Mar’s slide guitar and bluesy approach to heavy rock has been an integral part of the Crüe’s sound – has he ever considered returning to his roots and making a blues album? “Absolutely, and I am going to do that,” the guitarist enthuses. “My plans are a little different from what the other guys in the band have done with their solo stuff. Have you heard the albums Pet Sounds by the Beach Boys, or the Beatle’s Sergeant Peppers or Electric Ladyland by Jimi Hendrix? Those albums have something more to them that just the music, something special that stands out. What I wanna do is record with a lot of my friends who I’ve met over the years, a bunch of really different talented musicians, to all come in and do something. Different singers, guitar players, bass players from all types of bands – kinda like what Hendrix did on Electric Ladyland – and then I’m gonna record it at Electric Ladyland studios, and you can only get it on vinyl,” he laughs. “I’ve got it all worked out.”

Back in the early 2000, things weren’t so rosy for Mars. The band were on permanent hiatus, he was beset by financial woes and virtually broke, and to make things worse, the guitarist was in the midst of depression due to a progressive lifelong arthritic condition called called Ankylosing Spondylitis. So debilitating was it, at one point, Mars was reported to have given up playing guitar. Needless to say, he’s happy and relieved to be back friends with his instrument once more. “It took a while, with this stupid condition,” he says glumly, adding that the litany of painkillers and “quick-fix medication” he was prescribed by doctors actually ended up exacerbating the illness and preventing him from recovering. “I kept getting worse and worse, and I just stopped playing guitar for almost two years. Nowadays, it’s not so bad, but back then when I was high on all that stuff and Mötley were having a break, I knew if I didn’t stop I was gonna die. In the end, I have to go to a neuro-psychiatrist to straighten me up and he said to me ‘just hold the guitar for an hour a day – don’t play it, just hold it.’” Mars can now laugh at the memory, “It was pretty bizarre but I got through it, and in the end I think I’m actually a better player because of it.”

It’s been suggested that the self-titled Mötley Crüe album recorded in 1994 with John Corabi on vocals (after original frontman Vince Neil was unceremoniously dumped in 1992) is actually the band’s best work. Mötley Crüe had an ambitious musicality to it, and it seemed for the first time the band had actually stretched themselves to construct an album unlike anything they’d done before. Far from being insulted (Neil is now back in the band, and new album getting mixed reviews), Mars is delighted. “Absolutely!” he says, happily agreeing. “I feel the same. That Corabi album was like really, really good to me. It was a step away and above anything we’d done before, and a lot more guitar-orientated. It was heavy, it had great songs. To me, I think that when people like yourself come to understand and listen to that album they’ll also go ‘wow, that is the best Mötley record!’ It’s my favourite as well, so thank you!”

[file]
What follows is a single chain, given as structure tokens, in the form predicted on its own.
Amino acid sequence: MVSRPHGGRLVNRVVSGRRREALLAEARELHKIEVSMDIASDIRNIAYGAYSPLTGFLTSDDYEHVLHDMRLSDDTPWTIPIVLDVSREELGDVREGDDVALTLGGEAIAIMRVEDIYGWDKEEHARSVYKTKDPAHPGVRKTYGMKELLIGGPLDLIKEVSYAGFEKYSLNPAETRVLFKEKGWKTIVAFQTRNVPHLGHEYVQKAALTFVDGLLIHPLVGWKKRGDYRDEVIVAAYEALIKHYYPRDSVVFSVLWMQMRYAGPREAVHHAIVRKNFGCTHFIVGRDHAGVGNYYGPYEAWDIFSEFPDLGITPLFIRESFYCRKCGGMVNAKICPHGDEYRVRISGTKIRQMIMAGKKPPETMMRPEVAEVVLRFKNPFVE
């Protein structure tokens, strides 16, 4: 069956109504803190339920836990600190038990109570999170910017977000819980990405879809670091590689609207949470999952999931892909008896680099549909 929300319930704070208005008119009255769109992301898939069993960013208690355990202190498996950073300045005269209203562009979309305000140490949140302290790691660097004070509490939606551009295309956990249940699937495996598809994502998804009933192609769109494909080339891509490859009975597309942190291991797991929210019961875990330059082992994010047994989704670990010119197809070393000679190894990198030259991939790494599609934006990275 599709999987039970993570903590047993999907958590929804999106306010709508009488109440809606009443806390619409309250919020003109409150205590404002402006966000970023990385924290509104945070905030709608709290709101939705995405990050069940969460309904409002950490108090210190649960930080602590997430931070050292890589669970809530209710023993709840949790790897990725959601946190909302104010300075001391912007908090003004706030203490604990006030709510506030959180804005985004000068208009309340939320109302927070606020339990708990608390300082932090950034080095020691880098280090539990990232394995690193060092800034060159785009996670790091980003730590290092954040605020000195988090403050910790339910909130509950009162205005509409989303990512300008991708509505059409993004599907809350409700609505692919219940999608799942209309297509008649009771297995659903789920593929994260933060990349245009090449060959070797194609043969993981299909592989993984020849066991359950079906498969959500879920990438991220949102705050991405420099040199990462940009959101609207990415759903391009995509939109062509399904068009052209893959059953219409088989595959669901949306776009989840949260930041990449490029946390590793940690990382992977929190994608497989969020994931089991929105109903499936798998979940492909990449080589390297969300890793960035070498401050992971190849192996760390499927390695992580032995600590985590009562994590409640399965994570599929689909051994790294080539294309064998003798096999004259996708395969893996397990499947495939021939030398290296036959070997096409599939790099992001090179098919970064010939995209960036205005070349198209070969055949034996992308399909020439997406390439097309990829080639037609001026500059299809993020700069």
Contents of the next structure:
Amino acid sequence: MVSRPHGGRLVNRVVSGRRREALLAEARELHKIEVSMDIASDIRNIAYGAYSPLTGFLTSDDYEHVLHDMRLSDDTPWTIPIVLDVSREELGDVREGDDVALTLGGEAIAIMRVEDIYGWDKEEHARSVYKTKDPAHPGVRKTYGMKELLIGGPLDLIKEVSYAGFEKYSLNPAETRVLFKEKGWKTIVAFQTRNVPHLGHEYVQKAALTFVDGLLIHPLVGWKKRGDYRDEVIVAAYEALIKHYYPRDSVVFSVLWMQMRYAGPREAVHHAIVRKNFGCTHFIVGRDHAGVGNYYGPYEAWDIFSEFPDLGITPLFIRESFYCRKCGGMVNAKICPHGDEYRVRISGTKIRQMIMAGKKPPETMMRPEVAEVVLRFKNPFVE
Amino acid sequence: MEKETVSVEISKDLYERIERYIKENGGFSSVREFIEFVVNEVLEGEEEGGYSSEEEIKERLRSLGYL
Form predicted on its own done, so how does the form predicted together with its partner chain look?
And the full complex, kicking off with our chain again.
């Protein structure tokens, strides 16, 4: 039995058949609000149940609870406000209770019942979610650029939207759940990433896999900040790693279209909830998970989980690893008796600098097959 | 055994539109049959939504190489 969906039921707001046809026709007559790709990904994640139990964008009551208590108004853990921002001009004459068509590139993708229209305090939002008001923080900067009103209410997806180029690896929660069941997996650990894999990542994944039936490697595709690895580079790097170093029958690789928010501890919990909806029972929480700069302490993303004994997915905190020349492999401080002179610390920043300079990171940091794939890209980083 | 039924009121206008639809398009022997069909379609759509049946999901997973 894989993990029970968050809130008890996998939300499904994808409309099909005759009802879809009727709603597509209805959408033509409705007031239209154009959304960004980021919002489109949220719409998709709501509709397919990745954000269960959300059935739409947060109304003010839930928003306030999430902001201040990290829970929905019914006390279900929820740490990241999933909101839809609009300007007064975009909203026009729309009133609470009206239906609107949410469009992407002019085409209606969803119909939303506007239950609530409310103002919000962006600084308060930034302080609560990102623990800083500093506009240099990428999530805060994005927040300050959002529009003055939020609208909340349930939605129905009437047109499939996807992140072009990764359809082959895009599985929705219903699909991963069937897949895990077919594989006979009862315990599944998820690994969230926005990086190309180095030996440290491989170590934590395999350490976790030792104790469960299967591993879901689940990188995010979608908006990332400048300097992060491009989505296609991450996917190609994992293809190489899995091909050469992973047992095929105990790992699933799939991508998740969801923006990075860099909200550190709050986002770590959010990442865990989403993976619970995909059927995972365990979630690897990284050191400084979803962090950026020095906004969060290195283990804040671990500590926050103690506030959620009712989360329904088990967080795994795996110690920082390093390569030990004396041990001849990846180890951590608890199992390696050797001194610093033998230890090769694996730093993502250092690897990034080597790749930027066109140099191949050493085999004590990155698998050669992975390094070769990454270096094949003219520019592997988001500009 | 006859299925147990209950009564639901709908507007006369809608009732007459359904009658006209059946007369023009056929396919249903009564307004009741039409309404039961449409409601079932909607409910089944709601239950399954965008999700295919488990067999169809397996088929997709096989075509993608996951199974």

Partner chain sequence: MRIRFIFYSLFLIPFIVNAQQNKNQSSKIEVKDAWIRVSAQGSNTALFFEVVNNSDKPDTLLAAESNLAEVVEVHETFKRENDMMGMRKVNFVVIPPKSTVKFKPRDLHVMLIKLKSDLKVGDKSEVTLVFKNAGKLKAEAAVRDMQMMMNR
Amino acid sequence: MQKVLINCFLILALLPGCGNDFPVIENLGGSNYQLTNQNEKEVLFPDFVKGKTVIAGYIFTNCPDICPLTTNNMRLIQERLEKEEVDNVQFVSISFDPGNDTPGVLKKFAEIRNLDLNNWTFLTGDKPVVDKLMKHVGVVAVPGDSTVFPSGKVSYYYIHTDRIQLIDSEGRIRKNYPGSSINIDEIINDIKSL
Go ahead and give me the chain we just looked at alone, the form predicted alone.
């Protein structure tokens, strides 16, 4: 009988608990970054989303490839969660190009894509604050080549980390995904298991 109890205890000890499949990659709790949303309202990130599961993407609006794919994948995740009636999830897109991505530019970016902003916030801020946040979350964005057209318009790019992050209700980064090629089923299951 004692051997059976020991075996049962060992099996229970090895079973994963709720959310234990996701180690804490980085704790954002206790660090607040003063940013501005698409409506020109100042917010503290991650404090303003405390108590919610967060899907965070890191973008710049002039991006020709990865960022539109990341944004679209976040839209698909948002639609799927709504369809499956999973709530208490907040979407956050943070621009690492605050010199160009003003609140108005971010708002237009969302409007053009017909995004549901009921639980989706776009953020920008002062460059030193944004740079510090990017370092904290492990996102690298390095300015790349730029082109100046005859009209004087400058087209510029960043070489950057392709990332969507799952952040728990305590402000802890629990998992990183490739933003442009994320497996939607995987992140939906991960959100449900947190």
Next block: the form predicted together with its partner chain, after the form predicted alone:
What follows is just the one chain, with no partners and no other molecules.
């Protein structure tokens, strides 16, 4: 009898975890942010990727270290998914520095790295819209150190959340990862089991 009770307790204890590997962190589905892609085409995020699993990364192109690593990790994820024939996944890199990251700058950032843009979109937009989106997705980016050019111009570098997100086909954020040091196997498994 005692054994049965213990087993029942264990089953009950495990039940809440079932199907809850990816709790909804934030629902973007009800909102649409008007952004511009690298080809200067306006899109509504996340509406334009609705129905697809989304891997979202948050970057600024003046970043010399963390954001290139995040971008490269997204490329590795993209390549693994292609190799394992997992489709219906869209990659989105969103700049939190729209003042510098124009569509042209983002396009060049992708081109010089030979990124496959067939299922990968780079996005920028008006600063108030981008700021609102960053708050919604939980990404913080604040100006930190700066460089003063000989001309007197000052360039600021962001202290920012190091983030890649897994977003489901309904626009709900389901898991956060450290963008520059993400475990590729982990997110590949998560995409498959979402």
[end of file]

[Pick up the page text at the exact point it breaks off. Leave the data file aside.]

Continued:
Unfortunately, whether it was a case of Mötley Crüe releasing that album in the midst of the grunge-era, when they were regarded as relics of the hair-metal glam, or just bad timing, the Corabi album tanked sales-wise. Mars is philosophical about it now. “I think a lot of Mötley fans…and I don’t like this comparison, but it’s the only one I can think of….thought it was like going to see The Beatles without one of the Beatles. The fans just couldn’t see John in the band…and maybe if Vince had sung on it, it would be up there with one of all-time albums, who knows?”

How does Mars respond to the cynics who might suggest that this new album is just another cash-in on the recent romantic resurgence of Mötley Crüe’s popularity and infamy, another product to be flogged, in the same way Kiss have flogged a dead horse all these years? “I would probably say ‘umm, talk to Mick Jagger.’” He laughs. “No, that isn’t the case at all. Look at Mick, he’s still up there doing it like he’s 16 years old, and that’s not for money, that’s cos he loves it. That’s the same with us – we love what we do. It’s not about exploiting our legacy. How can you exploit something which is already a house-hold name, you know? We do this because we want to – we really sat down together and thought this album out, in the same way as we worked together to make this Crüe Fest even more special for the fans. It’s not about the money. We’ve made millions and could all retire now if we wanted…but fuck that! We do it because we love it.”

On a final note, when the much-rumoured film of The Dirt, Neil Strauss’ notorious biography of Mötley Crüe, is finally released – what famous actor would Mars like to see play him? “I wanna go hand-pick some bum that I find under the Santa Monica Pier,” he laughs heartily. “That would be perfect, but if Paramount wanted us to choose some legitimate actor, then I would have to go with Johnny Depp…I reckon he could play me pretty well.

A big thanks to Nick and Beat . com